terrain as best as possible. Maybe you haven’t got a lot of dissent, and you’re
trying to widen the trail up and down, or maybe you just want to bomb straight
down. Up to you guys. That’s the fun part. When building jumps, plan the run-in
and the run-out so that it works, and it’s nice and safe, and try and use hard-packed
material. Either wet dirt or just hard-packed clay is going to work really
well. If you use logs and then throw dirt on those, they’re probably going to sink
a little bit, and they can take a couple days to settle down properly,
unless you’re using really hard dirt, and then pack it down by foot, and then
that jump should be ridable straight away. So, I found a nice little patch of
soft dirt, and I’m just going to revamp this jump that’s already here by
chucking a bit more dirt on top, shaping it, and packing it down. With
a little bit of experience of building jumps, you’ll be able to try and judge
properly the angle of the take-off you need to clear that distance
with the speed that you’ve got. If you build the jumps too steep, they
can be really kicky and give you that feel of being bucked front wheel down.
Also if the jump is soft when you hit it, it can also do that, so try and get that
angle nice and mellow to start with and pack down the base of that
jump as hard as you can. So, there you go. There’s a few tips
on maintaining and building trails. It definitely works really well
for us here in my local woods. We’ve got a Facebook group. Once a month,
we go out and we just revamp existing trails, so there’s not always a need to
build new trails. So, now you’ve got your new trails and some jumps. Click up here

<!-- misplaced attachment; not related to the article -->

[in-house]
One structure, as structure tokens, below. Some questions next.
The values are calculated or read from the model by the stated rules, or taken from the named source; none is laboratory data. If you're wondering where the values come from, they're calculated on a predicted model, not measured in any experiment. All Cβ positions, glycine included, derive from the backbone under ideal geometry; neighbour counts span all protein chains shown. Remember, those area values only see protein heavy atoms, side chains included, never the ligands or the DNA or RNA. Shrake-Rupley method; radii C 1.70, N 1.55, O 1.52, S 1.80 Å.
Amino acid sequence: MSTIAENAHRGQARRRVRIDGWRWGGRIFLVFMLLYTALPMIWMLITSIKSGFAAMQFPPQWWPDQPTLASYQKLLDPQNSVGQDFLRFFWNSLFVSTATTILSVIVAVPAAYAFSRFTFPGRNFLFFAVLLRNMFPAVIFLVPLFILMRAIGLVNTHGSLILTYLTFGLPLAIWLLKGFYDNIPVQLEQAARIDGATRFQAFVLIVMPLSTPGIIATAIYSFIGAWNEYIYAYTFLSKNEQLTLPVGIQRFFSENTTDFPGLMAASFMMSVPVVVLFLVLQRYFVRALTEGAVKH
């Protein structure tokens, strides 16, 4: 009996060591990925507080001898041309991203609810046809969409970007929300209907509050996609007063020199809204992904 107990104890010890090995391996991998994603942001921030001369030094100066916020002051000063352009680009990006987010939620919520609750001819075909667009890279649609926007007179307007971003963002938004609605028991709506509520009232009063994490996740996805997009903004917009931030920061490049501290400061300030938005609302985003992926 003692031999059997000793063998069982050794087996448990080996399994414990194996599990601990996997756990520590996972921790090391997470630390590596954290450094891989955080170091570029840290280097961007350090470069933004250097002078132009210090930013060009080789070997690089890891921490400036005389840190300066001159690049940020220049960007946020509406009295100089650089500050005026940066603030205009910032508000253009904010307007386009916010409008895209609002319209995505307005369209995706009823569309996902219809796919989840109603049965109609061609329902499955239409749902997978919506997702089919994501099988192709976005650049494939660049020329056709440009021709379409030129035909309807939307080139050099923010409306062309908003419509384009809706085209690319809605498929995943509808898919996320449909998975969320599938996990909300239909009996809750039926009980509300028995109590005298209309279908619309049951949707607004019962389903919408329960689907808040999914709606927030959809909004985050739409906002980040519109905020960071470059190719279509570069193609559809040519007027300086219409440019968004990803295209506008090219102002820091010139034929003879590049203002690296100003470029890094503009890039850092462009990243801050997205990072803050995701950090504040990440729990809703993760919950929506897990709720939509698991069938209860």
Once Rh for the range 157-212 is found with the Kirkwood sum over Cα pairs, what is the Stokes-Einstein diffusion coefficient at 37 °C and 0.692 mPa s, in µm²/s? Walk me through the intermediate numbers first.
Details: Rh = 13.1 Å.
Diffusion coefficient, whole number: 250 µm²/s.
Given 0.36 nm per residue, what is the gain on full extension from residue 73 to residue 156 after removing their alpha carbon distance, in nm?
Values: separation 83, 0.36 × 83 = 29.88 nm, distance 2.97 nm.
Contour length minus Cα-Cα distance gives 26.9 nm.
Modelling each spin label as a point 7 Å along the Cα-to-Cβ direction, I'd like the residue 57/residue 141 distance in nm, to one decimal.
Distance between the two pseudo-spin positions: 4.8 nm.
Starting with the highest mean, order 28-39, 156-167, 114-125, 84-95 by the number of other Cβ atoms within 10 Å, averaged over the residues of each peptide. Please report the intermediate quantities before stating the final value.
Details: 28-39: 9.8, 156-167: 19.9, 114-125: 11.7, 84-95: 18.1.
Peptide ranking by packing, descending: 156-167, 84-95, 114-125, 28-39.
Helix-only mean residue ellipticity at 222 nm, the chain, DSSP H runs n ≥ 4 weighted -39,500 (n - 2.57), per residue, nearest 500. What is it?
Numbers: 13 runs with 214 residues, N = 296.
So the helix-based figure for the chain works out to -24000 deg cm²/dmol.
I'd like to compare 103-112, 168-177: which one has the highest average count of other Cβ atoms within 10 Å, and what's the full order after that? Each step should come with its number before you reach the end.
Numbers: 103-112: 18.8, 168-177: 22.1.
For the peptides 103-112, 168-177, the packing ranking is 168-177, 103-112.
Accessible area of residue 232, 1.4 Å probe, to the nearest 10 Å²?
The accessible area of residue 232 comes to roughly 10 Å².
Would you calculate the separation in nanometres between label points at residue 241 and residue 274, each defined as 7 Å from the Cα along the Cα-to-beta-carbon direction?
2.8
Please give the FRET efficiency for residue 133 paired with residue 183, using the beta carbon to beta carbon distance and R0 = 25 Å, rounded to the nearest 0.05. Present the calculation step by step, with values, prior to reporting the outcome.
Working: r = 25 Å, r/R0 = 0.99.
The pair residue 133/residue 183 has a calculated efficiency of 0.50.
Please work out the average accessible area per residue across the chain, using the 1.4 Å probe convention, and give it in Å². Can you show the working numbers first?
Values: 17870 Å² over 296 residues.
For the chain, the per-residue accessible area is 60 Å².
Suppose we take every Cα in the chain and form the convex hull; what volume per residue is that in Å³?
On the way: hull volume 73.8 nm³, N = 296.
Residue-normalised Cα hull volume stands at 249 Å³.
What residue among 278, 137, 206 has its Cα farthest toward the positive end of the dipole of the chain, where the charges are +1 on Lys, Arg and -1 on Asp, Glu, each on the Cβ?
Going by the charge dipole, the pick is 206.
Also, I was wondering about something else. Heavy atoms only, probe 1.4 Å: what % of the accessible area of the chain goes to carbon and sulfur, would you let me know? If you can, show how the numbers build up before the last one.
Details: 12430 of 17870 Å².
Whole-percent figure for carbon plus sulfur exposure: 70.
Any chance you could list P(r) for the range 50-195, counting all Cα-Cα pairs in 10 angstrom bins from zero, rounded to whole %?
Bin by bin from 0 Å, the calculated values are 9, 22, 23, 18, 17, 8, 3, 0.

for how to jump so you can learn how to do it properly. And you can click down
here for my video on how to bunny hop. Everybody should be able to bunny
hop. It’s a key skill, or click on me to subscribe to the channel GMBN. It’s free.

100 comments

  1. Thanks Neil and crew. I had it all wrong. I was gearing up to go in with Roundup and a Bobcat. Thanks again for the great Youtube channel.

  2. Nice vid, would you do another video for how to make a 4x track?? I have a little space in the yard and thought a 4x track would fill it :B

  3. sick to see GMBN at my local woods! plsssss make more vids at eastridge!!!!!!!!!!!!!!!!!!!!!!!!!!!!!!!!!!!!!!!!!!!!!!!!!!!!!!!!!!!

  4. I live in banff canada if I build a trail I am in deep crap my friend was fined 8000$ and went to court we have trails up to black diamond but I have reached my peak of skill but I want to get better what do I do?

  5. hate strava people who just straight line through perfectly good trails I don't get the point in being top at something if you cheated

  6. I live right next to a national park and some sick lads built a trail like 10 meters from my house and then the council said they were going to destroy it and all the people who had rided on it just stood on the trail and the council didnt do hell all

    the trail is still there and i ride it all the time

  7. In the US your "mattock" is called a Pulaski, it was first invented for provide a digging and cutting tool for wild land firefighters